MWDI have the ability to lend up to $600,000 per annum and also provide a series of programmes to support wāhine Māori including coaching, financial capability and business development programmes that are delivered regionally. They are constrained by how much they can lend, it needs to be between $10,000 – $50,000, and they can only lend money to women that have not been able to access bank loans and can provide security to back up their loan.
We have partnered with MWDI to ensure enterprises have access to education and support. We also see the potential in increasing the number of Māori entrepreneurs and enterprises who might choose to use this platform and provide more whānau and community members the opportunity to invest in businesses that are doing good and have the potential to make a significant social and environmental impact.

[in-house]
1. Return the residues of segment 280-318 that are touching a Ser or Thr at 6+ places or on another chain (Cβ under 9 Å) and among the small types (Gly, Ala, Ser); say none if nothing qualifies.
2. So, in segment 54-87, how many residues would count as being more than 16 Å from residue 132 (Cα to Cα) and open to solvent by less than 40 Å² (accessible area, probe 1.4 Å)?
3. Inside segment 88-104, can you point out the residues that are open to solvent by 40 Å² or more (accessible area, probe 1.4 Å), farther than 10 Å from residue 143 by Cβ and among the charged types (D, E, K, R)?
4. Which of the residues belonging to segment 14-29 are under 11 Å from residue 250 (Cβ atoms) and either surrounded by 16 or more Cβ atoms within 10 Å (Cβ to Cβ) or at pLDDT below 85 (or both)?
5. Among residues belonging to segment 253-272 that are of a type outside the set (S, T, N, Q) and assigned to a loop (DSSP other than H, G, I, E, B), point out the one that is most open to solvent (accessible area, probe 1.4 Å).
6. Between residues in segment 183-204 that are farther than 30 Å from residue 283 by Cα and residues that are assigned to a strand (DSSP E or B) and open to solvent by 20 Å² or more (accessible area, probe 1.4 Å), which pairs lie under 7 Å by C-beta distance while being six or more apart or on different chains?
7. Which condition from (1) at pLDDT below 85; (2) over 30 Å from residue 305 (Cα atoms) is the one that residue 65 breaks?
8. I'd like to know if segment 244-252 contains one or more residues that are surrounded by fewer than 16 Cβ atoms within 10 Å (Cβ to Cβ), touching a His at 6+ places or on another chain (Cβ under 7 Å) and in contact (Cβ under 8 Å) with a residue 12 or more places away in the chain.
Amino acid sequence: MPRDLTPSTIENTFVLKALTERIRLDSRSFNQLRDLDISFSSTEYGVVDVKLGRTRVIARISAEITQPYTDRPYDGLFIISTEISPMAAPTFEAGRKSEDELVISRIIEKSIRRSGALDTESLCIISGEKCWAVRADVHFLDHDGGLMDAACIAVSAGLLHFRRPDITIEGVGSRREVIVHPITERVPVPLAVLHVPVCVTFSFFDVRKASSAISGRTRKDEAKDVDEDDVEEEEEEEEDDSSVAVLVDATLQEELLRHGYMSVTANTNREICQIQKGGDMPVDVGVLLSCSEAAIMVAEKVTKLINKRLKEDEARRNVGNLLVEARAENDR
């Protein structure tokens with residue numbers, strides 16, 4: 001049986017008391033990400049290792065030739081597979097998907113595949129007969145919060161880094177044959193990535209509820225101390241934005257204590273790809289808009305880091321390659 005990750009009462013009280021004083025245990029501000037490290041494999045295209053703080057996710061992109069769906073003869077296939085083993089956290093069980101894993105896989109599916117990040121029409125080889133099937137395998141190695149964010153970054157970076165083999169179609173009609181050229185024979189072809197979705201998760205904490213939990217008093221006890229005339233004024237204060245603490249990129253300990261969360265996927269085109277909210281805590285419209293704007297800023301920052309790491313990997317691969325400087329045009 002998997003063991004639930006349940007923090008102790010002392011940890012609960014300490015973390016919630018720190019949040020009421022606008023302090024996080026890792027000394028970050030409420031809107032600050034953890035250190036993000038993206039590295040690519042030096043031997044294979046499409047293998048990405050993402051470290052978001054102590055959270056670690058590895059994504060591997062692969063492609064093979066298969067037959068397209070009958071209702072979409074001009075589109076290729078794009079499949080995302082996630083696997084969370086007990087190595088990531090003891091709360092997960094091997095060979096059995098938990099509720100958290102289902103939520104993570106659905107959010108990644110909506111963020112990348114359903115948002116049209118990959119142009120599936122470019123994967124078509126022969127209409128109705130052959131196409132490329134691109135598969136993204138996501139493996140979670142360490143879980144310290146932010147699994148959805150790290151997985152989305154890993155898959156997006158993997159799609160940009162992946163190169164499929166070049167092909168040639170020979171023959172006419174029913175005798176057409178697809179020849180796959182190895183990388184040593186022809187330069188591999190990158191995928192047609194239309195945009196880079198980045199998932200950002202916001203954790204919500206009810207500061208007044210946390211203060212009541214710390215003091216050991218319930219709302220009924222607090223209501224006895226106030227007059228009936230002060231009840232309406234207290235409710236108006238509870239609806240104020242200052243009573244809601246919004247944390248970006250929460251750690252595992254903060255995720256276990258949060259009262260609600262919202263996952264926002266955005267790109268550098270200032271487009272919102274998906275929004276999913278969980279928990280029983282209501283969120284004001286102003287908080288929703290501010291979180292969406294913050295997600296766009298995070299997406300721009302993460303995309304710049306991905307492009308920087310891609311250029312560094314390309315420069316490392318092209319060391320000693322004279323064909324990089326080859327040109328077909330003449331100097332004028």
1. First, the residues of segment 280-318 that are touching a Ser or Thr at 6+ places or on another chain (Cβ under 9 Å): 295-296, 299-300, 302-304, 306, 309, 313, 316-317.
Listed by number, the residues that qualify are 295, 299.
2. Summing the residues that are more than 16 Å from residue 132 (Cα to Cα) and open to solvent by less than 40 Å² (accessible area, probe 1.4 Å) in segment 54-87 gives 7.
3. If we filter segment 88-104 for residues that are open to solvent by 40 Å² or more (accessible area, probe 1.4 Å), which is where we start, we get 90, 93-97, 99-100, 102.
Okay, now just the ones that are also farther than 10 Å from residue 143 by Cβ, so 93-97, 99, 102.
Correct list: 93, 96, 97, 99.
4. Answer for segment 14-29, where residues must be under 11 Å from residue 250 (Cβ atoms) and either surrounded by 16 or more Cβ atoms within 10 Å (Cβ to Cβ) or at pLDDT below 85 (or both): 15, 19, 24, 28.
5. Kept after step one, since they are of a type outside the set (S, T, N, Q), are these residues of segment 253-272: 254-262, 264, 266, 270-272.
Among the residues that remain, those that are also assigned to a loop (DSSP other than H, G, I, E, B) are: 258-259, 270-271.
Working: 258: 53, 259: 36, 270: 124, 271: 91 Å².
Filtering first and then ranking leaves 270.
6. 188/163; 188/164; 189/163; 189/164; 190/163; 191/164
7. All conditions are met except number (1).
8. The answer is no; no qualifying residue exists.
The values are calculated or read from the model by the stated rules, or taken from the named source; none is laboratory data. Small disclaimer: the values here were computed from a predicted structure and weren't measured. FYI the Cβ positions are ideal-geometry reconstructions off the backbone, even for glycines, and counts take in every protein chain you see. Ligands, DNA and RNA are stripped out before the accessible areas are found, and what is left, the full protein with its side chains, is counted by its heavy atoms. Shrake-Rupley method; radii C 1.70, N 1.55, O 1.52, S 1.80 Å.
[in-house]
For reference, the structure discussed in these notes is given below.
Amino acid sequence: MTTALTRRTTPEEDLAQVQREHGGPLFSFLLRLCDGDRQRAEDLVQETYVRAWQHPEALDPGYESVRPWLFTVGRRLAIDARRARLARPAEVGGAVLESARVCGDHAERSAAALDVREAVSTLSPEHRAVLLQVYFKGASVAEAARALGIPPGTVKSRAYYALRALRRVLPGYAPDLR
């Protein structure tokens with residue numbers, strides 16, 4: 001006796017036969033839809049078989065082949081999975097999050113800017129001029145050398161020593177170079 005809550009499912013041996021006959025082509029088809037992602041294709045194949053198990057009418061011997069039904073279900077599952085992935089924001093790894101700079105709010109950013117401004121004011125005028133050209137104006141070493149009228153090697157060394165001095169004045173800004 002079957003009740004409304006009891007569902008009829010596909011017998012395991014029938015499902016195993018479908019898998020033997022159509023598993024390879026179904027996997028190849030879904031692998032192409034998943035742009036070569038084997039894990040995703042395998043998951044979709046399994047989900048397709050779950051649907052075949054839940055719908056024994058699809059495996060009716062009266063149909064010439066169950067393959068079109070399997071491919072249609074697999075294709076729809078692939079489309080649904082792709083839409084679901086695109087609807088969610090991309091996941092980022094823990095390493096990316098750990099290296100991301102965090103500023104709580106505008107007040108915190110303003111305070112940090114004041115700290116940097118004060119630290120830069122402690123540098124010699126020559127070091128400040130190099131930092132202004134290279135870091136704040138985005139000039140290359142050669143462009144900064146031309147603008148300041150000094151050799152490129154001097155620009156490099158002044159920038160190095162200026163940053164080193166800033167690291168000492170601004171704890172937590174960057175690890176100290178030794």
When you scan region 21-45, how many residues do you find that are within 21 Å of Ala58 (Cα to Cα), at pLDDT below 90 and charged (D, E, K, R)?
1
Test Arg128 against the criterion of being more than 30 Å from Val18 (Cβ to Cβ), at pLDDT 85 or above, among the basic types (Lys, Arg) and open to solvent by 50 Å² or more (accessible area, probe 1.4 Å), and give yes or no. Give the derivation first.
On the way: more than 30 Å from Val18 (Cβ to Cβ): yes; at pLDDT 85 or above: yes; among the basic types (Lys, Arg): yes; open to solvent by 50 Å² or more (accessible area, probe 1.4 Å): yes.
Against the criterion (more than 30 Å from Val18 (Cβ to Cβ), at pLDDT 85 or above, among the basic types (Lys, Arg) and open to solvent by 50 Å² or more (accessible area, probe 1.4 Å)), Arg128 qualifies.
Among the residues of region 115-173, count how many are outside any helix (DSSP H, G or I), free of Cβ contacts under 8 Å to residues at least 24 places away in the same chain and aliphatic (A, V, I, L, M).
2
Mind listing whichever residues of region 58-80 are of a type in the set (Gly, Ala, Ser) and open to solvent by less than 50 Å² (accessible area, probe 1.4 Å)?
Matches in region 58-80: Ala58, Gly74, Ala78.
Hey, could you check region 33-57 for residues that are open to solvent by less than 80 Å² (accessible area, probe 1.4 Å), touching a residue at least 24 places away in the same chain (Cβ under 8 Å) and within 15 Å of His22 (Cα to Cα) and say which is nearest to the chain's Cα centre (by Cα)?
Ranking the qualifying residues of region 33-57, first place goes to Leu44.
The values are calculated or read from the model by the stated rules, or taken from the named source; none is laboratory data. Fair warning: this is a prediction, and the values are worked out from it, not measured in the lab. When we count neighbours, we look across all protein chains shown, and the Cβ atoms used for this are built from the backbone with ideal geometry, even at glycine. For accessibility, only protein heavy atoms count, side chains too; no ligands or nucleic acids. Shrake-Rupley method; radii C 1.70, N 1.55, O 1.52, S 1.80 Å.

What are we doing?
We’re co-creating a platform with the wider community. With MWDI we’re looking at completing research, creating a first version (if that’s what needed), going out to the wider community to share our plans, and then launching our first campaigns. We’re going to hit go with our research mid January. Here’s our proposed timeline:
- Jan 2018 – Research
- Feb 2018 – Co-design Workshop & Prototype
- March 2018 – Hikoi – through the regions to support 200 early stage entrepreneurs
- April 2018 – Education Programme – Deliver programme (online and in person) to participants and their five whānau.
- May 2018 – Campaigns Launch
Here’s what we think the process for the platform will look like (but, first, we need to test it):